We’ve seen this before with Patriots assistants branching out on their own. As brilliant as they all were as coordinators, Romeo Crennel, Eric Mangini and Josh McDaniels never cut it as head coaches. Patricia can try to bring Belichick’s rigid, no-days-off culture to Detroit, but there’s no guarantee that approach will work with this group. When it comes to coaching, one size does not fit all. Leadership takes different forms and players don’t all respond in the same way. The Patriot Way may work in Foxboro, but there’s an equally good chance that it would fail spectacularly if implemented almost anywhere else. Good coaches adjust to their surroundings and the sooner Patricia figures that out, the better off the Lions will be.

 

Charger Woes

 

The football gods giveth and the football gods taketh away. Except when it comes to the Chargers—not a lot of giveth going on there. I always thought the Chargers’ lightning bolt logo looked suspiciously like the zigzag from Charlie Brown’s shirt. I don’t know if that’s copyright infringement or just a weird coincidence, but if Chuck ever ditched baseball for the gridiron, I’m betting he’d be an L.A. Charger.

 

There’s no question the Browns have been a less successful franchise (even Bill Belichick’s devil magic didn’t work on them) but in terms of shear misery, being a Chargers fan must take the cake. Think about it. As perennial punching bags, the Browns are at least considerate enough not to give their fan base any false hope. But the Chargers never let us down easy. They’re the NFL’s eternal snake oil salesman, conning us year after year with delusions of grandeur. Each season the Chargers are sold to us as a new and improved product (this year’s tagline: We have Joey Bosa!) but it’s all just repackaging. Whatever new faces come through L.A., whether it’s Bosa, Derwin James, Mike Williams or Hunter Henry, the story is always the same: heartbreak in a soccer stadium.

 

On paper, the Chargers should be favorites to win the AFC West. Keenan Allen is a twisted, touchdown-scoring freak, Bosa lives off a steady diet of quarterback’s souls and Casey Hayward is Jalen Ramsey without the nauseating trash talk. But as the Bolts often do, they took it on the chin in Week 1, again falling to long-time nemesis Andy Reid and his relentless Kansas City Chiefs. If the Chargers want to make it over the hump this year, finding the antidote for slaying Kansas City might be a good place to start. Including Sunday’s defeat, the Chargers have now lost nine straight at the hands of their division rival.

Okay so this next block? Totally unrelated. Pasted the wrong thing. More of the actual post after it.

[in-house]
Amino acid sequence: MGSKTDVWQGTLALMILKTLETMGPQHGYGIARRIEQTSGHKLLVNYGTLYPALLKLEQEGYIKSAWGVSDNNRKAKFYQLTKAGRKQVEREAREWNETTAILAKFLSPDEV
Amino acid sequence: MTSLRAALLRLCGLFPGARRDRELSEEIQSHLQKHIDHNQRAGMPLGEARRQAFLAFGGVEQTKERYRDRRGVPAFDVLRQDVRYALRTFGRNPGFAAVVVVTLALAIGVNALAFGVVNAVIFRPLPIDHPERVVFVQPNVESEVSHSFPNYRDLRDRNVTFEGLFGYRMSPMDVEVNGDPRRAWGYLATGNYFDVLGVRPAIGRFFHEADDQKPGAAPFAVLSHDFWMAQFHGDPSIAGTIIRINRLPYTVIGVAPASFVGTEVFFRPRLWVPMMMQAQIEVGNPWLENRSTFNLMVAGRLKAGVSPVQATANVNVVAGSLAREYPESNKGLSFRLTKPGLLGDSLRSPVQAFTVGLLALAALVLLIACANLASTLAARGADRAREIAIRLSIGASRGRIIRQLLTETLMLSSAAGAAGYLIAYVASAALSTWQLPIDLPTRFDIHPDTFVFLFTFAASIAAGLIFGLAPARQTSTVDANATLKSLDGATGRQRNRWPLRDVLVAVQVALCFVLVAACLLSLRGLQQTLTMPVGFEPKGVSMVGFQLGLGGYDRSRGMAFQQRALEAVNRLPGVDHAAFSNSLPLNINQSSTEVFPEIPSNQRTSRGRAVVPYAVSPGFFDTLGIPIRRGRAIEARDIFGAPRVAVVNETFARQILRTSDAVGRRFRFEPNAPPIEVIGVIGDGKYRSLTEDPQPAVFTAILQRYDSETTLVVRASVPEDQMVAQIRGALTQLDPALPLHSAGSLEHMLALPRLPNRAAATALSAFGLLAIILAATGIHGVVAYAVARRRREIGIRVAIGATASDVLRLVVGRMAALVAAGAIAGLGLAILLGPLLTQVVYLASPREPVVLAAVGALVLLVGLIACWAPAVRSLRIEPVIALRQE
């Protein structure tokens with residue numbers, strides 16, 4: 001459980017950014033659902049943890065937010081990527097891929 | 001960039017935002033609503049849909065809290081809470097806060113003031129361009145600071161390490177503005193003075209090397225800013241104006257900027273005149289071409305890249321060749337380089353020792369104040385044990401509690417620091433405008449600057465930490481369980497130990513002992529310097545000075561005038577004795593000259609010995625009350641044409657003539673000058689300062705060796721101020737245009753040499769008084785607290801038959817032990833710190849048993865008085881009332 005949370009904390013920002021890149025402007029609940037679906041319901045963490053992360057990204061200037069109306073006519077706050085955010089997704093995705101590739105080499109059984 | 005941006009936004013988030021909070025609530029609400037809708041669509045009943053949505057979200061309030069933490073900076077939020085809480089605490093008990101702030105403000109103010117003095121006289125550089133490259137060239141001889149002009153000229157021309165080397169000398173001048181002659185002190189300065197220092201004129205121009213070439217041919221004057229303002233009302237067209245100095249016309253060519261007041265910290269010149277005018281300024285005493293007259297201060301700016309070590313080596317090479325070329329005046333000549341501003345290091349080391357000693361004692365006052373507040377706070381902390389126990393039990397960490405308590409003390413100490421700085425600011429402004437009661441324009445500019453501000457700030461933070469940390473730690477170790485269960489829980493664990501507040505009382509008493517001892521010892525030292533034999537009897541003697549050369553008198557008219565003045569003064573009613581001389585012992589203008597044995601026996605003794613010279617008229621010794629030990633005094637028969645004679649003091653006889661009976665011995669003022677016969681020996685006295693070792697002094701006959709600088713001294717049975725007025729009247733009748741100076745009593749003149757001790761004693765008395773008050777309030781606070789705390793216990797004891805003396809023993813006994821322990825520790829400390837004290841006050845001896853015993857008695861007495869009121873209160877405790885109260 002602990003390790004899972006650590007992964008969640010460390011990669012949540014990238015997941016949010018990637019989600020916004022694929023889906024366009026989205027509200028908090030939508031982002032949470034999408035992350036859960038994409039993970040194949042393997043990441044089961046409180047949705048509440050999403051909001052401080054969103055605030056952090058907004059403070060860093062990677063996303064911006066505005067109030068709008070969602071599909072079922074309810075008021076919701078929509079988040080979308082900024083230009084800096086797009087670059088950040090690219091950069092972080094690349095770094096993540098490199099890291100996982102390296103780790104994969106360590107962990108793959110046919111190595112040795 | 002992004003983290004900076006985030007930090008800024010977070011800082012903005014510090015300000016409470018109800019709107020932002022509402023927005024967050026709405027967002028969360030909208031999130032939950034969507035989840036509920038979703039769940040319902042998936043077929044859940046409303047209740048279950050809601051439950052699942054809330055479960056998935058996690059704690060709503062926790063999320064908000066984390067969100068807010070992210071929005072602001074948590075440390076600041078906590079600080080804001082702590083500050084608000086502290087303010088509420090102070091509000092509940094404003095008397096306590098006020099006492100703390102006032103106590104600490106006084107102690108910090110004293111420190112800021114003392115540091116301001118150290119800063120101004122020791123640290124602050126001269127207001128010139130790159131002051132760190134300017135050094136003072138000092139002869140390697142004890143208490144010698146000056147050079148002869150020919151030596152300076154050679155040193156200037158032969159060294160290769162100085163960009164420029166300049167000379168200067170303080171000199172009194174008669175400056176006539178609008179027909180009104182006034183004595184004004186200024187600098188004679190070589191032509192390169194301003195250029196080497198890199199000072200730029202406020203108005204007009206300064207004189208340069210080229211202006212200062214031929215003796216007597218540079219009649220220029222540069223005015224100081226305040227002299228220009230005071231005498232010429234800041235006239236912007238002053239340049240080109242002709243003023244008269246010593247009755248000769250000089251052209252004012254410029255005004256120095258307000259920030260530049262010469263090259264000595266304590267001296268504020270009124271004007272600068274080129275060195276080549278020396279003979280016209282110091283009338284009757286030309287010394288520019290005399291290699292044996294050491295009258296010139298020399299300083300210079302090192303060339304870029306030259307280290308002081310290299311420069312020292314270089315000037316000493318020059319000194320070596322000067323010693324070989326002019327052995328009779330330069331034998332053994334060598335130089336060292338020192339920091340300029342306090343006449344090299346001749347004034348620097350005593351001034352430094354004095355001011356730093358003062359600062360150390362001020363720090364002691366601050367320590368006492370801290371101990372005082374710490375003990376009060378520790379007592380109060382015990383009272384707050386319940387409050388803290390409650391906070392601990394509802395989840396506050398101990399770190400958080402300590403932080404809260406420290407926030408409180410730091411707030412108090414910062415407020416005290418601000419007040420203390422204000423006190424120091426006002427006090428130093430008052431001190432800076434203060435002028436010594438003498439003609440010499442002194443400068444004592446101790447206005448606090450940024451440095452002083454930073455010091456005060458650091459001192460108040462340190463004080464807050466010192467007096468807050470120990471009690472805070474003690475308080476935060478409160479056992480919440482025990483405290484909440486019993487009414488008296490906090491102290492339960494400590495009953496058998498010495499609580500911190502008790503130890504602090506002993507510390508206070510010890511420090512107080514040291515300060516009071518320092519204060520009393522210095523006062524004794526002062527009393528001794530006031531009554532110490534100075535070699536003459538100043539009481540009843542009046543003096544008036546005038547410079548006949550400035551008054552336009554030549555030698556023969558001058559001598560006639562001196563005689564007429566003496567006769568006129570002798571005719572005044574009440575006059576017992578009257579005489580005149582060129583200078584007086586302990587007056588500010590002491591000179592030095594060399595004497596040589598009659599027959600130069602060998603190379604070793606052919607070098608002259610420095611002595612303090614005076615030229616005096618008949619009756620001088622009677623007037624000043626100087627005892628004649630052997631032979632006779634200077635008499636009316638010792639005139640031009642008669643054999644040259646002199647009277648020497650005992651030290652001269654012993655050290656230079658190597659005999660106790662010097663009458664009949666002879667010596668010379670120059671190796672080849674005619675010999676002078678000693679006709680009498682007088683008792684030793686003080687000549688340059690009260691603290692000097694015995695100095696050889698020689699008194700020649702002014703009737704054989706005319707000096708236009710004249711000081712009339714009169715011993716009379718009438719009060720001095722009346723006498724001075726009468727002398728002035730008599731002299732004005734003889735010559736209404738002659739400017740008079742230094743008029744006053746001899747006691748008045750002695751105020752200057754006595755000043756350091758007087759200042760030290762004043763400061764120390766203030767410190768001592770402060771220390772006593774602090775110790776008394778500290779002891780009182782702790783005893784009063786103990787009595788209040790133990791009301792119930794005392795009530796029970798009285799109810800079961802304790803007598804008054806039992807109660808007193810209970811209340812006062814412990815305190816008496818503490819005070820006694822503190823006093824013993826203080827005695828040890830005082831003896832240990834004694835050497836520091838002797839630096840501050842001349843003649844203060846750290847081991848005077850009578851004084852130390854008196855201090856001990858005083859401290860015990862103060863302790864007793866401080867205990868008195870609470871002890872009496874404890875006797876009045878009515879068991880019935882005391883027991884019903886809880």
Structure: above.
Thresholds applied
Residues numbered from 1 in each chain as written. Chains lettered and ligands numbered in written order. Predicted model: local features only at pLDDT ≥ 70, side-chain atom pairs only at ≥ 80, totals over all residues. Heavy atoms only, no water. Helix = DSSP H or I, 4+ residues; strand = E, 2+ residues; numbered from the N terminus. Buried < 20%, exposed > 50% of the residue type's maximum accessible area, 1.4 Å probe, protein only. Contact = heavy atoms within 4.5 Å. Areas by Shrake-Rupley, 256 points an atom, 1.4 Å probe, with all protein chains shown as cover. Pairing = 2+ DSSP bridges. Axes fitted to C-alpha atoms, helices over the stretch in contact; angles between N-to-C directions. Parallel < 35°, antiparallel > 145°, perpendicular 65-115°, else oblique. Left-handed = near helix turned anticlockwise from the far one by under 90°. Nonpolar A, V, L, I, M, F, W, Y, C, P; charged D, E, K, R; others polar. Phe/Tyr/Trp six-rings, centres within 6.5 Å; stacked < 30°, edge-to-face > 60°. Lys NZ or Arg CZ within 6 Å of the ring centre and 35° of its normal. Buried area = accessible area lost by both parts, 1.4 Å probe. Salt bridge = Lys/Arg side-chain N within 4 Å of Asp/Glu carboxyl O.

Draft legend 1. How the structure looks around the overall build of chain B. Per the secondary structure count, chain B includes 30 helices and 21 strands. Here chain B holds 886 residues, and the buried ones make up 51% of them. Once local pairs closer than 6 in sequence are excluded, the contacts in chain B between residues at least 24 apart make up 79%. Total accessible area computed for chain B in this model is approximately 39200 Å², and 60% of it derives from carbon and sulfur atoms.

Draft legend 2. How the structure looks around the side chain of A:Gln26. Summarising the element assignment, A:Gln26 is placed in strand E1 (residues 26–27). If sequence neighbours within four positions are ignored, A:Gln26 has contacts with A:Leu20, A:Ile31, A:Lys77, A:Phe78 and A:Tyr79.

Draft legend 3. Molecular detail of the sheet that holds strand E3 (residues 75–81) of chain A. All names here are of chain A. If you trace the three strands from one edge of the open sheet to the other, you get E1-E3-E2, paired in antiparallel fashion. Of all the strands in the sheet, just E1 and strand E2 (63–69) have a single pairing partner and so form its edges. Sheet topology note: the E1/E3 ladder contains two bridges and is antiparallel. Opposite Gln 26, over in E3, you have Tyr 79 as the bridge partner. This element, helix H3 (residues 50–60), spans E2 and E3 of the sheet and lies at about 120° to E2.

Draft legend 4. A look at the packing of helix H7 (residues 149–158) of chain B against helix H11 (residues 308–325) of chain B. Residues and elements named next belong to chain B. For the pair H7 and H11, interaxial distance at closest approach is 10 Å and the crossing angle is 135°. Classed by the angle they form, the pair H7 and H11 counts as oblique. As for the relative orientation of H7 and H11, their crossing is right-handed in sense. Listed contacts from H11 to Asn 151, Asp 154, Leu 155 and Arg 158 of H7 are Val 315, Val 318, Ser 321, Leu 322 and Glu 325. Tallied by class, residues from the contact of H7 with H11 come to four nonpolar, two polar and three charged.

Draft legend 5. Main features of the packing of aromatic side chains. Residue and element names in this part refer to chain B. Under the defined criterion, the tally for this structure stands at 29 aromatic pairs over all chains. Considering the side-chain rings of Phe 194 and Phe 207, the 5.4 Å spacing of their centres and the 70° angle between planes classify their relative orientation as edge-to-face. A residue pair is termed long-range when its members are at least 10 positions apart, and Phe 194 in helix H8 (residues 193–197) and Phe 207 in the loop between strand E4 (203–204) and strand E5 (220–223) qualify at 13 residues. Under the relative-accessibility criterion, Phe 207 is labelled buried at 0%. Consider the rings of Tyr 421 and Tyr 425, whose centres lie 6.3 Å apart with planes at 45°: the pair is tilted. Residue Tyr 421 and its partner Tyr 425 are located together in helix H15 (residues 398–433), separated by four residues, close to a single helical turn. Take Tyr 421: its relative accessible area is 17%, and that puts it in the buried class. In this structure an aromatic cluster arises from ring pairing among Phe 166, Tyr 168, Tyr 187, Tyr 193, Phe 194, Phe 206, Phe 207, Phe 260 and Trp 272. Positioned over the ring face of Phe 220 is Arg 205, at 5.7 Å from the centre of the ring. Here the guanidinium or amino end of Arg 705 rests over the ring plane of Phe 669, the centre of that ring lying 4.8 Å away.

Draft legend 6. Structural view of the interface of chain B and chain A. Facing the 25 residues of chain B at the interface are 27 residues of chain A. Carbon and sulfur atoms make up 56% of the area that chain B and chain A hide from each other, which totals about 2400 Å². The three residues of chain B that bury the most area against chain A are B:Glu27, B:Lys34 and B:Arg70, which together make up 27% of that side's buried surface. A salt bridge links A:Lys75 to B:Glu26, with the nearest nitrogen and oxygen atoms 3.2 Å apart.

L.A. is still loaded and should have no trouble lapping the hapless Bills in Week 2. That will be a revenge game for Anthony Lynn, a former Buffalo assistant who bolted (no pun intended) to the City of Angels after being passed up for the team’s head-coaching vacancy two years ago (former Panthers defensive coordinator Sean McDermott was tapped to replace Rex Ryan). But unlike some years when the Chargers wait until the end to pull the rug out from under us, this season they’re expediting the process.

 

Hunter Henry, the supposed heir to Antonio Gates at tight end, was lost to an ACL tear in May. The Chargers stashed him on the reserve/PUP list in hopes of a late-season comeback, but that’s probably just wishful thinking. The carnage continued when Jason Verrett suffered a torn Achilles during a conditioning test at the onset of training camp. Fellow defensive back Jaylen Watkins blew out his knee shortly after. And now Bosa, the crown jewel of L.A.’s esteemed pass-rush, is out indefinitely with a painful bone bruise on his left foot. The injury was serious enough for him to pay renowned foot specialist Dr. Robert Anderson a visit earlier this week. Bosa’s absence was felt against Kansas City as gunslinger Patrick Mahomes went off for four touchdowns in his second career start while taking just one sack.

 

The Bolts have favorable draws coming up against the Raiders, Browns, Titans and Seahawks, so perhaps they can tread water for a few weeks without the help of their star pass-rusher. But that’s assuming nothing else goes wrong, which is never a given with this team, the Charlie Brown of NFL franchises.   



Jesse Pantuosco is a football and baseball writer for Rotoworld. He has won three Fantasy Sports Writers Association Awards. Follow him on Twitter @JessePantuosco.
Email :Jesse Pantuosco